Even though there are no moral facts, moral laws, or inherent moral duties or obligations, moralization, that is, belief in moral values or norms and the attempt to live in accordance with those norms, is inevitable among humans and perhaps among other highly intelligent animals. All people everywhere have notions of what is right and wrong, generally seek to live consistently with those notions (at least in principle), and generally expect others to do the same.

The above theses are difficult-to-prove and difficult-to-falsify empirical claims. They could only be proven or disproven by polling a very large number of people, and even the results of those polls would only be reliable if people were honest. However, I think common human experience across all cultures is sufficient to warrant assent to these theses, even if it is not based on rigorous scientific testing.

To test these theses on animals, it would be necessary to observe animal behavior and infer the cognitive processes occurring in the animals in question based on their observed behaviors. While such inferences would be speculative to a large degree, they would still likely reveal general patterns of behavior that could properly be called moral.

These theses, assuming they are true, are nonetheless not proof that any particular moral beliefs/norms are true or valid. If true, they merely describe how people do moralize, not how people must or ought to moralize.

It is no doubt true that in practice the vast majority of people behave in ways that deviate from their moral norms/beliefs some of the time. For this reason, it is never possible to assume or infer that the fact that people do behave a certain way means they believe they ought to behave that way, or at any rate would believe they ought to behave that way if thinking about the situation dispassionately.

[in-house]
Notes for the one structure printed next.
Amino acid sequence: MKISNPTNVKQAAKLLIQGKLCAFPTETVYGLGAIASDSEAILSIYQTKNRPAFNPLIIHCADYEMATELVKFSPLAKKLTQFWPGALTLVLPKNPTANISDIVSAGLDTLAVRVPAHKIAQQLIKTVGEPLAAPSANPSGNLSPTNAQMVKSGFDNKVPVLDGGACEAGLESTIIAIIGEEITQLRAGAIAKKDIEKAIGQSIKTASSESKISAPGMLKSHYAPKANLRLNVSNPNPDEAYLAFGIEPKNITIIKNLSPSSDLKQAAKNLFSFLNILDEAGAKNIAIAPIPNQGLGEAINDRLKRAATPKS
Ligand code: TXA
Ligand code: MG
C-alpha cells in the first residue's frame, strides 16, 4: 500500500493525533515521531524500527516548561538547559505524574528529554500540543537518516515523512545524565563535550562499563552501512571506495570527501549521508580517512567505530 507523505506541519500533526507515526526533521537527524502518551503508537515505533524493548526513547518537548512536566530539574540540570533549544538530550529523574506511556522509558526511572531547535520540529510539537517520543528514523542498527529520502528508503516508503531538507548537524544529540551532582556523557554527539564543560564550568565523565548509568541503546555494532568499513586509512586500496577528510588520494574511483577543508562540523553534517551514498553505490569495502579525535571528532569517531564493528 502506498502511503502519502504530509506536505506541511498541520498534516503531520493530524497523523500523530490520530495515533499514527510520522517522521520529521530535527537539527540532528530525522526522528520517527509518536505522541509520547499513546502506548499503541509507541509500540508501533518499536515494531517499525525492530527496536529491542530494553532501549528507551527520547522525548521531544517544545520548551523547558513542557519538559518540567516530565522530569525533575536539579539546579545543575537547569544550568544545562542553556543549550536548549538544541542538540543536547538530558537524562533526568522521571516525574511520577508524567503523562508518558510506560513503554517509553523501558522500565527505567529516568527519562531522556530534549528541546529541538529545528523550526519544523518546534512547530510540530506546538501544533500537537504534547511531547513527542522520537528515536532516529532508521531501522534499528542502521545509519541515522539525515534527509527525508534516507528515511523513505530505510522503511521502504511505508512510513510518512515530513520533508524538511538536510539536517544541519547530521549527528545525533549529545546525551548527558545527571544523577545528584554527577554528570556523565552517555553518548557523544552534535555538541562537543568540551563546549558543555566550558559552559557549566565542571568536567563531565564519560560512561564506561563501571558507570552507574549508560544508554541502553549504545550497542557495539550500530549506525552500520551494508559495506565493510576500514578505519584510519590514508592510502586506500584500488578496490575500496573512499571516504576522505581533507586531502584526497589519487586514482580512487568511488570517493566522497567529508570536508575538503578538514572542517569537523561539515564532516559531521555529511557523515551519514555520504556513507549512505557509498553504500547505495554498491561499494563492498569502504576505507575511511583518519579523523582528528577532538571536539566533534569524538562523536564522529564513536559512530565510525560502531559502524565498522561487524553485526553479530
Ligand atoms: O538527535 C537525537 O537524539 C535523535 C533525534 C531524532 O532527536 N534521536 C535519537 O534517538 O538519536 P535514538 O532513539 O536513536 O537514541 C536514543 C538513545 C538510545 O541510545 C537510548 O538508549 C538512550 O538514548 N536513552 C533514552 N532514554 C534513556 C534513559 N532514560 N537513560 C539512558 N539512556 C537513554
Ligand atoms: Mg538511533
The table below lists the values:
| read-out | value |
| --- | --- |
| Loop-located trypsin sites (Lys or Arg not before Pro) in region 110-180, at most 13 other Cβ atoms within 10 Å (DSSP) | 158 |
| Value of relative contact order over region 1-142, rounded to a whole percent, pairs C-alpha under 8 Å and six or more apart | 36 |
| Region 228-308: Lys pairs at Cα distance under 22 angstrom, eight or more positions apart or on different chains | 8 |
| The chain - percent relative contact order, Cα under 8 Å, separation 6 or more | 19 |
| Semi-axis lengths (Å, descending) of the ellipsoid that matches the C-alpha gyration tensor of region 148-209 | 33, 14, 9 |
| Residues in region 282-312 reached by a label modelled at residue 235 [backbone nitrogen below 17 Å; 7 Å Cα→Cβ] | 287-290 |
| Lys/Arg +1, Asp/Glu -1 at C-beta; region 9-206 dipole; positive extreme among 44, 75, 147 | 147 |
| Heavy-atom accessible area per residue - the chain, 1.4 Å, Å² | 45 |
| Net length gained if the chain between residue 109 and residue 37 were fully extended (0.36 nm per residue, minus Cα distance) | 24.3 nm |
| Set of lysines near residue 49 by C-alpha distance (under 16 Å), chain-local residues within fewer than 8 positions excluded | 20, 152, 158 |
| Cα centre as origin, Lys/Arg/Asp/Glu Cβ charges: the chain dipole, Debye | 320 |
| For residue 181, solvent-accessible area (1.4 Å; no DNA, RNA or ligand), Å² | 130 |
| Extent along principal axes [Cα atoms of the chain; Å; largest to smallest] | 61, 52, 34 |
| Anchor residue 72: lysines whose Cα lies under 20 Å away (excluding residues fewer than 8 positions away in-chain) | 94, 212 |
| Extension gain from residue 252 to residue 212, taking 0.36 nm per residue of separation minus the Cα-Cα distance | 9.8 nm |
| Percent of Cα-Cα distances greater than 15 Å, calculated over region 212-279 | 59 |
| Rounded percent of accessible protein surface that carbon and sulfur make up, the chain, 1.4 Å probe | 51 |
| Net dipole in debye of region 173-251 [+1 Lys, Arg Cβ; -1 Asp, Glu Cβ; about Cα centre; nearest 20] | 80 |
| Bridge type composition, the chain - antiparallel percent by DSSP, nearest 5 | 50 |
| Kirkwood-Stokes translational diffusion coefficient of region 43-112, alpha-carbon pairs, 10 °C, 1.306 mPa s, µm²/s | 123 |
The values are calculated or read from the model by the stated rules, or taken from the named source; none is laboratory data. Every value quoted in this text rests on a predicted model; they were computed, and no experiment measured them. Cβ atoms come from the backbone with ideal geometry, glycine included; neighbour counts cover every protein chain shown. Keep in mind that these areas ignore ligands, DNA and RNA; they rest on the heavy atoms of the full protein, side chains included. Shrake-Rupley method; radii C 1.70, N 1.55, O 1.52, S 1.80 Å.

In addition, consistency and its opposite, hypocrisy, are themselves not required or forbidden, respectively, by any observable properties or facts of nature, nor are they necessarily perceived to be required or forbidden, respectively, by sentiment, a priori reasoning, or intuition. However, in practice most people do aim for consistency and judge inconsistency negatively. In other words, the requirement of consistency is an integral part of the way most people moralize in practice, at least in the contexts with which I am most familiar, but there is no objective or universal duty or basis in nature for treating consistency as a binding requirement of morality or moralization.